‘Zero leeway!’ British expats warned of deportation if they overstay in Spain crackdown

Boris Johnson 'needs to step up for British expats' says expert

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Under the terms of the Brexit withdrawal agreement, Britons living in Spain have had to apply for residency to stay there for prolonged periods. Before this under the EU’s Freedom of Movement rules, they were free to work, live or retire in Spain and other EU countries as they pleased.

That has all changed, and expats who have failed to register face being deported and banned from the country if they have overstayed the 90 days in every 180 days limit.

While many registered – thousands of the estimated 285,000 British expats living in Spain are thought to be living under the radar.

Spain launched its first crackdown after March 31 – when the first 90-day period ended.

And as the second 90-day limit fast approaches at the end of the month – Spanish authorities have been accused of exploiting Brexit to kick Brits out.

Tax lawyer Leon Fernando Del Canto told The New European that expats who stay under the radar and chance it “face potential deportation or a ban from the country should they outstay their welcome.”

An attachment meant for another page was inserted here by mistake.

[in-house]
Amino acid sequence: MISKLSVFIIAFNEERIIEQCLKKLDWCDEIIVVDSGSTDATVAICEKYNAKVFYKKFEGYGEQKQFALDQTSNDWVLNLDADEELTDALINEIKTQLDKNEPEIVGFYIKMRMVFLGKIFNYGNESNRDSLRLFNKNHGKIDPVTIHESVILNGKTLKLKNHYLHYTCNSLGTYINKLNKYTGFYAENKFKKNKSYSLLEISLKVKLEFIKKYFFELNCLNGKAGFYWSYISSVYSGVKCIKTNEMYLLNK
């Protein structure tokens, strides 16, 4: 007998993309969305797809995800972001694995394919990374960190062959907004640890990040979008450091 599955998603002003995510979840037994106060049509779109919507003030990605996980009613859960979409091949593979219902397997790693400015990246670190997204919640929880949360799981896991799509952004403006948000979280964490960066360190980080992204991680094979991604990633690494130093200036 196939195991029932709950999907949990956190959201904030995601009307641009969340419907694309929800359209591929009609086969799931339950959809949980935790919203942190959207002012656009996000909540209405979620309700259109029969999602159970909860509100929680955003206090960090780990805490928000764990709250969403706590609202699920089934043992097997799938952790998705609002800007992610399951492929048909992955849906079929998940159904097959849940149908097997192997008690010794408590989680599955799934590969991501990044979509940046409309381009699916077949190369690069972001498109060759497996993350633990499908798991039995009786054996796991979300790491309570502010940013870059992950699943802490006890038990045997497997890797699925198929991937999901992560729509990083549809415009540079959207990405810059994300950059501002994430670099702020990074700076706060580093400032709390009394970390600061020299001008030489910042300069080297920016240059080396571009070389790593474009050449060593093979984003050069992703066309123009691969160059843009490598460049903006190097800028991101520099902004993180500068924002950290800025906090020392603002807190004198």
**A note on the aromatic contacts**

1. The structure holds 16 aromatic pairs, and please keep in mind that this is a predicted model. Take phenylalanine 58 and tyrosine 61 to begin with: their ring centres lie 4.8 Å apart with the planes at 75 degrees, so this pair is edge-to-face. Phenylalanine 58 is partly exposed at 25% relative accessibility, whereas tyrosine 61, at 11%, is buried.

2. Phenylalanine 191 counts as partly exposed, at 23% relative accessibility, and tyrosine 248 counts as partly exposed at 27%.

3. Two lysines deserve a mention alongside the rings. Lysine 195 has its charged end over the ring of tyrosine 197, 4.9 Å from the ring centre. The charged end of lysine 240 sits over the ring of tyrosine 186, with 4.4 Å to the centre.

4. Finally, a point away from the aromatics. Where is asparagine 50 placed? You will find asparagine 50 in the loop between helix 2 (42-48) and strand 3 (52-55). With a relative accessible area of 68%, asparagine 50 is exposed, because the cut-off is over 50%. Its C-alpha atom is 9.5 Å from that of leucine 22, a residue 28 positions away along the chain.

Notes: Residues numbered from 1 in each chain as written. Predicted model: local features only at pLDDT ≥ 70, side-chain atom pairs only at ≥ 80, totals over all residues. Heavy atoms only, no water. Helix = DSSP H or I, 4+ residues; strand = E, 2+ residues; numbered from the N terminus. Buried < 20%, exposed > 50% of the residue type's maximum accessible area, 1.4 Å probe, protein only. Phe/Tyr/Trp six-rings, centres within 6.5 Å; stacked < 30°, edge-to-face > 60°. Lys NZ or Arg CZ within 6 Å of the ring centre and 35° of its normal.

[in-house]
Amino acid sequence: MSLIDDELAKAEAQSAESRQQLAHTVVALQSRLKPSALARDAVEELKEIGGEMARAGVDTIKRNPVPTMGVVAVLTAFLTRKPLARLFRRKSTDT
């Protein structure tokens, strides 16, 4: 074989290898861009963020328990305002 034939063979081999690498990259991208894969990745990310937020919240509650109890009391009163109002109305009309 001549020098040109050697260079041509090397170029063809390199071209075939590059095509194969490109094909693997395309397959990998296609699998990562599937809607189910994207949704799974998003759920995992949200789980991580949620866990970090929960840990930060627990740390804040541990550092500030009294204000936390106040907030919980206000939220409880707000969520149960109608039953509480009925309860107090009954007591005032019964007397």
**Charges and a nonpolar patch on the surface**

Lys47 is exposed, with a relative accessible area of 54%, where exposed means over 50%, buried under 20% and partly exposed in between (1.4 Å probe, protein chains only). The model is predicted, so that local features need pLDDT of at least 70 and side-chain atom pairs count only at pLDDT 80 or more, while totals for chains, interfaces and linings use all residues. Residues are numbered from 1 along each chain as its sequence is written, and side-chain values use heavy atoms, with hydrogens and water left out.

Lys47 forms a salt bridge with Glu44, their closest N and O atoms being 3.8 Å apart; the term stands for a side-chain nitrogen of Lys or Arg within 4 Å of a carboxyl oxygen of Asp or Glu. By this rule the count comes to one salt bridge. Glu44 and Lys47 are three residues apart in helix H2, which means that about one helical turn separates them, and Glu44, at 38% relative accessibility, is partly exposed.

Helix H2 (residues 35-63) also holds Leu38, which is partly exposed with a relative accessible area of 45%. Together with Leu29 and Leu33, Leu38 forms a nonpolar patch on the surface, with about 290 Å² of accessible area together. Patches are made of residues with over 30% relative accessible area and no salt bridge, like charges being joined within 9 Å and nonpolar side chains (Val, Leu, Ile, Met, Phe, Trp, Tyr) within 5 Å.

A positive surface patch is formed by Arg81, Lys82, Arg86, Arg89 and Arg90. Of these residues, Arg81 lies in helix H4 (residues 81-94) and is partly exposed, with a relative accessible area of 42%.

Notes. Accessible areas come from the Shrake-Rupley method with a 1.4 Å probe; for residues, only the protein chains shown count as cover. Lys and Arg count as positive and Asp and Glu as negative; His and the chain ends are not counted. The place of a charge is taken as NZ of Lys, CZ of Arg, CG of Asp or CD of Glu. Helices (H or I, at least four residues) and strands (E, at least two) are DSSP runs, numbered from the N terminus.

He added: “There is zero leeway.”

As well as facing deportation, expats who fail to register are being stung with higher taxes.

They must reportedly pay an extra five percent income tax – 24 percent to 19 percent – compared to EU nationals.

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The news emerged as furious expats reported being turned down for Covid vaccinations – even when it was their turn.

Others voiced their frustration at the labyrinthine bureaucracy they are required to negotiate in order to get their jabs.

In accordance with the Social Security Coordination Protocol of the Trade and Cooperation Agreement between the UK and the EU, UK citizens who are legal residents of Spain are eligible for medical coverage provided they are similarly entitled to healthcare in the UK.

However, the Local was contacted by expats who claimed they were nevertheless struggling to register with public health authorities, and had not yet received their vaccines, even though others in their age or priority group had already been contacted.

One, Wendy, who lives in Catalonia, said: “I am 64 and my husband is 61, we have private health insurance and do not qualify for public health care yet.

”We have heard nothing yet and not for want of trying. It is so frustrating.”

Another, Lawrie, 50, who lives in Madrid, said he had private health insurance but was not in the public system.

He explained: “I phoned the 900 102 112 number and was told they put me in the system with my Sanitas number.

”That was weeks ago and I have not been contacted since, so I suspect I am actually not in the system at all.”

Express.co.uk has contacted the Foreign Office for comment.

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